Having come from the colder regions of North America in the middle of winter, a warm smile is generally kindled for most travelers arriving in sunny Puerto Vallarta, Mexico. Flame red bougainvilleas, brilliant bird of paradise flowers, white boats bobbing in the harbor, and the people of the Anglican Diocese of the Southwest Mexican deanery all greet the attendees of the Diocese’s Synod with gusto.
“This is the first time for this deanery to be hosting,” said The Right Rev. Steven Tighe, bishop of the Diocese. “The people are just so gracious, relational, andhospitable.” But this warm welcome and hospitality is just the beginning for what appears to be an Anglican church getting hotter and growing in Mexico.
Meredith Omland, a missionary at the Iglesia del Gran Pastor in Fresnillo, Mexico said, “[Synod] was exciting because most Mexicans in the Diocese could come and be a part of it, since most of them do not have visas to attend anything in the United States. For these guys and my congregation, it was exciting for them to feel like they were a part of something bigger, as opposed to just a little congregation in the middle of nowhere.” Meredith further explained, “It was also a good opportunity to come and get a sense of what it means to be part of the Anglican community as well. There’s an interesting dynamic between Mexico and the U.S. They [Mexicans] appreciate a lot of what goes on in the States, but a lot of times they are only receiving [from the States]: receiving missionaries and receiving funds. Having a chance to be here in Mexico for a Synod and hosting, meant they were giving and serving.”
The deanery can trace its roots to the sailboat, Snowbird, drifting into the Puerto Vallarta harbor in 2001 with Father Jack Wehrs, Sr. at the helm. Searching for warmer waters than his San Diego home and a bit of relaxation, Jack simply invited fellow boaters by VHF radio to join them for Eucharist on their sailboat. They moved to a larger boat offered to them as the group quickly grew to 70 people. When the owner sold the boat, they knew they needed to move to land. They rented a condominium and Iglesia Anglican Puerto Vallarta (Anglican Church Puerto Vallarta) was formally established. It grew even more, forcing them to find a more permanent home building. God provided through creative financing, right as the Puerto Vallarta real estate demand began to take off. The palapa (thatch) roofed church that ended up hosting this Synod has an international feel as tourists from all over the world are drawn to it: “Retirees and vacationing clergy come down to lay on the beach, but get bored, looking for a place to worship and a church doing real outreach in the community,” said Jack. “We get people from all kinds of denominations represented here; we preach Jesus Christ and avoid getting caught up in politics.”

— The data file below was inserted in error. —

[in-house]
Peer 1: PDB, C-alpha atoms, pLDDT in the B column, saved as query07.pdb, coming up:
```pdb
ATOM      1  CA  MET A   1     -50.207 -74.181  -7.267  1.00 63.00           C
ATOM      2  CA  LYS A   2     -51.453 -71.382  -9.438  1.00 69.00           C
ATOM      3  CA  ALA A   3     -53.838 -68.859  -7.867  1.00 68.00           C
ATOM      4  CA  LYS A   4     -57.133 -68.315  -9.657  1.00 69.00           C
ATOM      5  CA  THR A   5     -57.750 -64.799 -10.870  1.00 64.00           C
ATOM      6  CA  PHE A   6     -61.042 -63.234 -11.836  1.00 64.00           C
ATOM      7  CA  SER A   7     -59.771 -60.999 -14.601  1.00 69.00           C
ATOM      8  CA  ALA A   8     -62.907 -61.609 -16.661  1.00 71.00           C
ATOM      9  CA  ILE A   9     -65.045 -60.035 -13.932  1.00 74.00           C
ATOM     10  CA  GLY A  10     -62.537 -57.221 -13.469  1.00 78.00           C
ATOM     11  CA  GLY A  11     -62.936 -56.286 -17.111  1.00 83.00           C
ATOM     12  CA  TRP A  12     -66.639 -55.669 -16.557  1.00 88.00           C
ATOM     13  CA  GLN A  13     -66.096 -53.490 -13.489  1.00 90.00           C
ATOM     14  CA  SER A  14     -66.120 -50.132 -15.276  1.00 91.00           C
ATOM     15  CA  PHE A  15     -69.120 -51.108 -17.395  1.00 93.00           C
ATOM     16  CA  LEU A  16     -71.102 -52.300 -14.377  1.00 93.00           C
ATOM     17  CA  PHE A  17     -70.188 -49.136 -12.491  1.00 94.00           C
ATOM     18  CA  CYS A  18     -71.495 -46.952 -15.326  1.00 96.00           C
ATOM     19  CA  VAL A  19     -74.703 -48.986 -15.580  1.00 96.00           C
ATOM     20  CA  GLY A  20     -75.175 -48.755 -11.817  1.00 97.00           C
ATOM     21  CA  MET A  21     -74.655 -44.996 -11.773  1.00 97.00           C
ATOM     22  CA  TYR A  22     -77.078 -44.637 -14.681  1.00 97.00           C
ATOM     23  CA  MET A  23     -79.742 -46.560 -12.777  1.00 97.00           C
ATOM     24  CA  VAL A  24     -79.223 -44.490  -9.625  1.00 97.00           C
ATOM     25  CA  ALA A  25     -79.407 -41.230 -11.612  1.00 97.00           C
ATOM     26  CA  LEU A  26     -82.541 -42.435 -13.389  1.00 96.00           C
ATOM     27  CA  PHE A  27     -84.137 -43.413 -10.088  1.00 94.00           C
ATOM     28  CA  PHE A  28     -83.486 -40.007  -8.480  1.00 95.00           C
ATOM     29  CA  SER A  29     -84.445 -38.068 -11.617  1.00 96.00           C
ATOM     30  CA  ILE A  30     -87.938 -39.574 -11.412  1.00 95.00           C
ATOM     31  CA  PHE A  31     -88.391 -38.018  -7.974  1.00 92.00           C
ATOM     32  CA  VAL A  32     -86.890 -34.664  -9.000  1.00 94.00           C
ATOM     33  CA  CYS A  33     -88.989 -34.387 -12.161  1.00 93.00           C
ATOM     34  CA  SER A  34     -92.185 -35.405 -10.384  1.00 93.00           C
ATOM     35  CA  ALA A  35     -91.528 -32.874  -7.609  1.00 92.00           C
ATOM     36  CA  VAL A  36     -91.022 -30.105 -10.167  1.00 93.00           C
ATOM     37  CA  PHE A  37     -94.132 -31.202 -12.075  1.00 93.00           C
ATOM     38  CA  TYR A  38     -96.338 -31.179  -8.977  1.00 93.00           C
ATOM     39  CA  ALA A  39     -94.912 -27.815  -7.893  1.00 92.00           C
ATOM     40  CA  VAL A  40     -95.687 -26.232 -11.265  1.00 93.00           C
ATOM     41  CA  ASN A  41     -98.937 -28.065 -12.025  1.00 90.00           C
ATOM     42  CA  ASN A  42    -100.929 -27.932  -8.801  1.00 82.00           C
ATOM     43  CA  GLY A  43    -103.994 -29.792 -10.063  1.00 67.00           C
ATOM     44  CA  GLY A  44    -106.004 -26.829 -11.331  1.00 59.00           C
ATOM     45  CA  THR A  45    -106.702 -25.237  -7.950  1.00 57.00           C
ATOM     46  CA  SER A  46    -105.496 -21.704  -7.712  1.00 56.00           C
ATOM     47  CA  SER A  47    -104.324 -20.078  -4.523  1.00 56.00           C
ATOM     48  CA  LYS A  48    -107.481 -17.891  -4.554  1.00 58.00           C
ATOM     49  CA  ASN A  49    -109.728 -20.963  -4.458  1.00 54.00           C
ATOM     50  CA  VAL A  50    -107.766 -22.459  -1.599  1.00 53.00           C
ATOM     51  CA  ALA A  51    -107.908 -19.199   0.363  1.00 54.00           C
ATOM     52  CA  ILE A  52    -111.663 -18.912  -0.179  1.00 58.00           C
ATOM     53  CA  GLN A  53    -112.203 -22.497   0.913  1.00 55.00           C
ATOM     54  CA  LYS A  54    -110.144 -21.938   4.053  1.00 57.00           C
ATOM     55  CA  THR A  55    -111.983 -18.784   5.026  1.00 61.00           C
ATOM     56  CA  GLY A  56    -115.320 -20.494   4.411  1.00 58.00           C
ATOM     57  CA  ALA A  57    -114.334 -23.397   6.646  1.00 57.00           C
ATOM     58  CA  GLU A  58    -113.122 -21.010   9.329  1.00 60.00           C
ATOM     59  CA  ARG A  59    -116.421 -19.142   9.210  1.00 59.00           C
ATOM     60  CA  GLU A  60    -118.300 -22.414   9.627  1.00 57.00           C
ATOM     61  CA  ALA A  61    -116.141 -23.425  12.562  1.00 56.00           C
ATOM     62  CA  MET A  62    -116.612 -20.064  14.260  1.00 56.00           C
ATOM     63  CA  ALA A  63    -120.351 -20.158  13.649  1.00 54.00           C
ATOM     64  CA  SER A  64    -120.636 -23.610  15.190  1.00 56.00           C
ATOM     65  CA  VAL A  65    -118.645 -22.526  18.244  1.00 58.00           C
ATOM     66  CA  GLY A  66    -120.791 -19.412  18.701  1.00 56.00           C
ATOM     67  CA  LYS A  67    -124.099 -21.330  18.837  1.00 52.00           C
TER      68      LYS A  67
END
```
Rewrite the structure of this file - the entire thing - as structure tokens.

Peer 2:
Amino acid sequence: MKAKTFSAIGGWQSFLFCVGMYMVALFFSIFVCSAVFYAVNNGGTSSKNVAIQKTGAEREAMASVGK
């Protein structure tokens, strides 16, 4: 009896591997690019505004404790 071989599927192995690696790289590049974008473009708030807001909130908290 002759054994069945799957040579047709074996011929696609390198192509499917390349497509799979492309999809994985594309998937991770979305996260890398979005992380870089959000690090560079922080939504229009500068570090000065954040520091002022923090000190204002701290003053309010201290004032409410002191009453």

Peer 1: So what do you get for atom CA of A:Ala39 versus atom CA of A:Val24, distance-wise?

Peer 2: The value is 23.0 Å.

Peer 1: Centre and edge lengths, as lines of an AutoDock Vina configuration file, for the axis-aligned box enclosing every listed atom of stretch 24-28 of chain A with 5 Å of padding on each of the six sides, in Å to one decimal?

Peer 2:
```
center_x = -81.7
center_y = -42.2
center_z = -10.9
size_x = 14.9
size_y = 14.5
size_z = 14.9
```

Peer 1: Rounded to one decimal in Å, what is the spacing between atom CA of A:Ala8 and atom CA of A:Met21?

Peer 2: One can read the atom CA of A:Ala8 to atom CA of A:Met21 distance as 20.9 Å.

When he first went to Diocesan Synod meetings, he noticed that the Mexicans and Americans tended to sit separately. He noticed that it started to get better over the years, “but now at this one, it’s hard to tell who was from where by their seating- -Mexico or the U.S.–we are becoming like one family.” Jack also attributes a lot of the unity at this Synod to housing most of the participants in one facility and feeding them together under the palapa roof of their church.